The deep fissures and wrinkles of this lophophora williamsii var caespitosa are as elegant to me as the shape of a woman's body and the intellect and passion of her mind. The topography of the cactus surface is endlessly beautiful and reminds me near daily one of the many reasons why I grow these plants. Getting to see and be around them daily and also feel or know the history you share with them over the years all comes together like a psychedelic experience in a way that cannot easily be put into words and for sure not accurately. The process of growing cacti for years compounds on itself. Each new year there are more memories shared with the plant and more meaning behind your keeping and growing it.
There's something very special about them not just being seasonally grown and then replanted every year like cannabis or produce crops or even mushrooms. There is no immediate gratification or near immediate gratification like there is with shrooms growing and cannabis. You arnt just thinking about the next 2 or 3 or 6 months. With cacti we are thinking whole seasons, whole years, and whole decades ahead because the same plant we buy today has to make it 30 or 100 years down the road and we have to adopt practices that reflect this if we want out cacti to outlive us.
I for sure want mine to outlive me. My passion and legacy will be cacti. Hopefully my children will see their need and continue what I start. I also want them to happily do their own thing. Hopefully that involves continuing what I started. #lophophora#environment#truth#botany#plantscience#mycology#microbiology#microbes#tissueculture#chimera#cellularbiology#cellularecology#epigenetic#epigenetics#genetics#lophophora#trichocereus#trippy#mothernature#motherearth#horticulture#biology#passion#passionate#flowerpower#flowerchild#cactus#garden#gardening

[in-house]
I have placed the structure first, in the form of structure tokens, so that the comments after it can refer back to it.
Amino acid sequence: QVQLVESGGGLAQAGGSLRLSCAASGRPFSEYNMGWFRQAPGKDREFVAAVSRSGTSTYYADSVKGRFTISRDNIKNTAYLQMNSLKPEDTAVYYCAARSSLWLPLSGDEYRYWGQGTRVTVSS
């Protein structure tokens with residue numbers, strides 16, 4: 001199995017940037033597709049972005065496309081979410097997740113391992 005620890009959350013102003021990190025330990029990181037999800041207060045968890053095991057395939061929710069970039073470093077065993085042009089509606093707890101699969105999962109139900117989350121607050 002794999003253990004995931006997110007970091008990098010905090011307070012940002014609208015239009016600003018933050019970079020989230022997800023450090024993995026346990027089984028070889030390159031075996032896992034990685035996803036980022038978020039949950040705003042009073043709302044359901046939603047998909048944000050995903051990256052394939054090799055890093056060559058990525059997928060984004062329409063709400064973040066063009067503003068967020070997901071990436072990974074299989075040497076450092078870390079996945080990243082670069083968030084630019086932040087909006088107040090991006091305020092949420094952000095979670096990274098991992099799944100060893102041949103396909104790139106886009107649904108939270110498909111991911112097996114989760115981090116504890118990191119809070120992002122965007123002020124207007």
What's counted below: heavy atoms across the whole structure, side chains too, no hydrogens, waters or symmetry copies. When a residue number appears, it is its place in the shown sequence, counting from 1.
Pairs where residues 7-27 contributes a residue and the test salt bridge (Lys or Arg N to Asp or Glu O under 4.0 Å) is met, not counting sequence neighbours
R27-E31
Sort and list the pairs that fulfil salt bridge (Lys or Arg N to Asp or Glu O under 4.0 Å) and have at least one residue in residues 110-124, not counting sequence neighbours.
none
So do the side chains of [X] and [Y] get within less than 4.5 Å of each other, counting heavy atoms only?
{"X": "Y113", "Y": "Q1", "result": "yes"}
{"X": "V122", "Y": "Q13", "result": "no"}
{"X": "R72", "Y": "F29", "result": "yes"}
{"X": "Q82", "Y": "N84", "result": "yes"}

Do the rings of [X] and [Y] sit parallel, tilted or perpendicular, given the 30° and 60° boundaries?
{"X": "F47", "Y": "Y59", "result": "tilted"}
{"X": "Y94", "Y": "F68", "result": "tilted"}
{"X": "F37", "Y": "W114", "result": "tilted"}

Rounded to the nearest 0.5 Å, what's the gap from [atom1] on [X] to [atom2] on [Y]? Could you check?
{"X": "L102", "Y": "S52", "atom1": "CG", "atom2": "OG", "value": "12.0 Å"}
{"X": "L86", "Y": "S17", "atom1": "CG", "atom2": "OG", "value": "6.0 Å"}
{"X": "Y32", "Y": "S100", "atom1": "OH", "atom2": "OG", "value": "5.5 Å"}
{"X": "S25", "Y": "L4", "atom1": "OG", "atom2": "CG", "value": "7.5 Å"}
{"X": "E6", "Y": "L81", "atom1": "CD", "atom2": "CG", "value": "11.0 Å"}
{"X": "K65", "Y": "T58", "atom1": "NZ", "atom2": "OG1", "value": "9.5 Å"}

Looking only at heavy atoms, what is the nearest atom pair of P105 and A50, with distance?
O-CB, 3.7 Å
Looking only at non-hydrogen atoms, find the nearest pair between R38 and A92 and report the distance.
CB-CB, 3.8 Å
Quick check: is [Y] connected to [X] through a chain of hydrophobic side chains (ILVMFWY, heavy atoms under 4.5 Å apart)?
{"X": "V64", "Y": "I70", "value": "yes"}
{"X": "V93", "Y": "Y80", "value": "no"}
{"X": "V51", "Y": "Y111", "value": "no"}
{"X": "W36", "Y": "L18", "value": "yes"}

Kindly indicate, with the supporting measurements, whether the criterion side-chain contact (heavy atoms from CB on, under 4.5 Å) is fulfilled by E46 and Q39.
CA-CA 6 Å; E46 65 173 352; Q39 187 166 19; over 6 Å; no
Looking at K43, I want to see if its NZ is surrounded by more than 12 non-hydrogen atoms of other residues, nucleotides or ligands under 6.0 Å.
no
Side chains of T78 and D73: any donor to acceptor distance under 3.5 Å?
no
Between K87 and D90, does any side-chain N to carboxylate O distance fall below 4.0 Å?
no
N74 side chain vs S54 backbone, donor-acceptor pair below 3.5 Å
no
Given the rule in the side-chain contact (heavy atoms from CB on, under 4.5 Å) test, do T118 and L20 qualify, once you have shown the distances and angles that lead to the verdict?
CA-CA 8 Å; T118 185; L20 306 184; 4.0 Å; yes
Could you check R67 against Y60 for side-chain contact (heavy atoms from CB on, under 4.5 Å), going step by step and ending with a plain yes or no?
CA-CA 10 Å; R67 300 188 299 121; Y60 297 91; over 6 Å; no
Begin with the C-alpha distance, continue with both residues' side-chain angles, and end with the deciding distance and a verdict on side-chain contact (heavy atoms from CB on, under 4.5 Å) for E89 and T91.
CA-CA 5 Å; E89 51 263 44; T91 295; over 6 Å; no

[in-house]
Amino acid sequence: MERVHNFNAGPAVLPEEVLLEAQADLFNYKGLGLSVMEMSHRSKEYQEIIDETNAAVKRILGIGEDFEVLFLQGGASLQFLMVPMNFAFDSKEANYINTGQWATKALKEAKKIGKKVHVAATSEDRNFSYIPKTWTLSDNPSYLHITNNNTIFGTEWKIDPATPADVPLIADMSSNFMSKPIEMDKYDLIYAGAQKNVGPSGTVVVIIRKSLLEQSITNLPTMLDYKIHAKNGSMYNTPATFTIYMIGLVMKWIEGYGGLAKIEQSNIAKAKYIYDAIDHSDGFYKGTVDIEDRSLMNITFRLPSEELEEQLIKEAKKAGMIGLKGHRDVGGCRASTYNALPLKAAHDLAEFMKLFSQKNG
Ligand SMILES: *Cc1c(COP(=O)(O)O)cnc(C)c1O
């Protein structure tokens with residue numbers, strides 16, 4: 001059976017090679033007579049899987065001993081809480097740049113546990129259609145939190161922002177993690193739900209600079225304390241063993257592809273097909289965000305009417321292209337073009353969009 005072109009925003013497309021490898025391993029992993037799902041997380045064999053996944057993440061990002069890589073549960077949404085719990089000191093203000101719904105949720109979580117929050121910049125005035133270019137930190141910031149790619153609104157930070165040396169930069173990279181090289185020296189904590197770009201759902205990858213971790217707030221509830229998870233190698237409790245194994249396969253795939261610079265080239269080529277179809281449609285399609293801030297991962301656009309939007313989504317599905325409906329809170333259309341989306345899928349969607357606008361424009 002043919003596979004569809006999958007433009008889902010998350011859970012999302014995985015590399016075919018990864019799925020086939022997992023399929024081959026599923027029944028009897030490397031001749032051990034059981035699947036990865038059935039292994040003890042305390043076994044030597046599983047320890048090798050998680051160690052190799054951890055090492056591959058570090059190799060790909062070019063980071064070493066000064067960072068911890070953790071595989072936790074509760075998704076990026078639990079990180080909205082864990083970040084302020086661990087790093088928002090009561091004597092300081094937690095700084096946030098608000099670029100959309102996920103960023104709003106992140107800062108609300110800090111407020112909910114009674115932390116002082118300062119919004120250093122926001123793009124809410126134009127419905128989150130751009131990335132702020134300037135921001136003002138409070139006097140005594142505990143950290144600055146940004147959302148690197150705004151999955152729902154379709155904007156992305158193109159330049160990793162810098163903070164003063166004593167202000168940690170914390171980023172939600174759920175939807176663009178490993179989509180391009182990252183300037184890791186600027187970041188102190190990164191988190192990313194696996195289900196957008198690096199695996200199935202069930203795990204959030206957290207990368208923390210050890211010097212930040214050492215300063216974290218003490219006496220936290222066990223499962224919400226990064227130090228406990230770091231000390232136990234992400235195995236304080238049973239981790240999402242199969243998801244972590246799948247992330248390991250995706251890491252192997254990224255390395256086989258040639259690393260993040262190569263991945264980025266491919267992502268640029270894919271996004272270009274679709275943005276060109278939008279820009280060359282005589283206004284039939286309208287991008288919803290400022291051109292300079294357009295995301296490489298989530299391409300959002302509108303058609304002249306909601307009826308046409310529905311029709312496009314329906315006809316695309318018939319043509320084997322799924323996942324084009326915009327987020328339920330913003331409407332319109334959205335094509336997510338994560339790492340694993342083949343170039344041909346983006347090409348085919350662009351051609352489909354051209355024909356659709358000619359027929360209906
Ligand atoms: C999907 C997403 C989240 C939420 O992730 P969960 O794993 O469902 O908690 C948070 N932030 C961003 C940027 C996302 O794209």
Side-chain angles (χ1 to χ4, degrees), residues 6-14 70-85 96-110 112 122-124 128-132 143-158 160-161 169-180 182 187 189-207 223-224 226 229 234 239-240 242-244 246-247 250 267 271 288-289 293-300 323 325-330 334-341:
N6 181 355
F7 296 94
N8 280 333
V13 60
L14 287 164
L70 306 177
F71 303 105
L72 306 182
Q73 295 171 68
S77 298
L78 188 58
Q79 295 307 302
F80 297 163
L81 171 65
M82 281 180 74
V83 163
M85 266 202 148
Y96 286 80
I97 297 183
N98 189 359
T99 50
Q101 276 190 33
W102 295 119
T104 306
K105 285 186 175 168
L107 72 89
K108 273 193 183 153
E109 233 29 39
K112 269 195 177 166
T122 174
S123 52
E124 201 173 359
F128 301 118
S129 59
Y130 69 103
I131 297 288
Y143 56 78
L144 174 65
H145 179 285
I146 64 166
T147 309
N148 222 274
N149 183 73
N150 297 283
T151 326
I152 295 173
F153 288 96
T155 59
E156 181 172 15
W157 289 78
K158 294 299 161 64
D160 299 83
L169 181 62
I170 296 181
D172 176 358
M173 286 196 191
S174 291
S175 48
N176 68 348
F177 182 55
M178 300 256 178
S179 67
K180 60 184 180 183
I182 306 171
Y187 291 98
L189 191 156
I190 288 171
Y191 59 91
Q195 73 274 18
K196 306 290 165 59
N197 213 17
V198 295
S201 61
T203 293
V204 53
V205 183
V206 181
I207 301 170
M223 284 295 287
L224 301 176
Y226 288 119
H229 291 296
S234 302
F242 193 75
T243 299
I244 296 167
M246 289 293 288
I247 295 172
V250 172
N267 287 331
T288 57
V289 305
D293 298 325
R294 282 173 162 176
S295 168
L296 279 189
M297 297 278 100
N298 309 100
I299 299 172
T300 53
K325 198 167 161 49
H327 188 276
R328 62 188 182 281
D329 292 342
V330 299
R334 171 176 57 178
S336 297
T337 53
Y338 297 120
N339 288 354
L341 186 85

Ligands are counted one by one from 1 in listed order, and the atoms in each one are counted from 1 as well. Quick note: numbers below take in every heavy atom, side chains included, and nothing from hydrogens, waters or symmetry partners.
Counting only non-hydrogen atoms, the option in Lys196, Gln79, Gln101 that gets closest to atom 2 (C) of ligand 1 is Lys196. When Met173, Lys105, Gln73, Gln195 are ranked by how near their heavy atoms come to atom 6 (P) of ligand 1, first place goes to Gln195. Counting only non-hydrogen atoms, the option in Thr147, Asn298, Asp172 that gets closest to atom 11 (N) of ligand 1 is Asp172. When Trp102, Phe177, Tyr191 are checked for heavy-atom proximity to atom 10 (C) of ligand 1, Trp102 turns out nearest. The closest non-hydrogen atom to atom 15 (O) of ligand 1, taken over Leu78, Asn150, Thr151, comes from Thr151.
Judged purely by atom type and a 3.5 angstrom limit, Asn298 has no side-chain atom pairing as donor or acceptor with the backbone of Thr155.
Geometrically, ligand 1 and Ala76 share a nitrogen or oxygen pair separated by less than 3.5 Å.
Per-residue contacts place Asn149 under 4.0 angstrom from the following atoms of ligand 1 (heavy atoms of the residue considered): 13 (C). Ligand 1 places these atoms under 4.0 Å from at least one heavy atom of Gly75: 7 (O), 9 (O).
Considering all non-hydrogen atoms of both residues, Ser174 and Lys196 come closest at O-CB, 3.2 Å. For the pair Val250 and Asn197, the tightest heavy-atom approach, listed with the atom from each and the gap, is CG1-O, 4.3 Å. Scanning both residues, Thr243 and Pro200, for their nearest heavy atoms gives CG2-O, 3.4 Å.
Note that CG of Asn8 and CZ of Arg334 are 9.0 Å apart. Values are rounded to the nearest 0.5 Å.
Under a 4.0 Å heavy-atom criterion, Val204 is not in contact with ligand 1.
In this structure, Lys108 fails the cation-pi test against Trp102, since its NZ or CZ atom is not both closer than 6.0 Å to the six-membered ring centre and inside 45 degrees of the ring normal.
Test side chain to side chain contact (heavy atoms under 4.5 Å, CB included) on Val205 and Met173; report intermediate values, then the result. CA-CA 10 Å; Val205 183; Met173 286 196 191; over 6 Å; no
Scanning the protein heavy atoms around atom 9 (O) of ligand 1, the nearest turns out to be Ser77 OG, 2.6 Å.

Named after the Hans Krebs and the next step in cellular respiration, following glycolysis, is the Krebs cycle. Other names for it are the citric acid cycle and the tricarboxylic acid (TCA) cycle. Whatever you decide to call it, it is the central deliverer of cellular respiration.
In the first step of the cycle, acetyl
CoA (produced by glycolysis - see previous post) combines with a four-carbon acceptor molecule, to form a six-carbon molecule called citrate. After rearrangement, this six-carbon molecule releases two of its carbons as CO2 molecules in a pair of similar reactions, producing a molecule of NADH each time. The enzymes that catalyze these reactions are key regulators of the Krebs cycle, speeding it up or slowing it down based on the cell’s energy needs.
The remaining four-carbon molecule undergoes a series of additional reactions, first making an ATP molecule - then reducing the electron carrier FADH2, and finally generating another NADH. This set of reactions regenerates the starting molecule, oxaloacetate, so the cycle can repeat.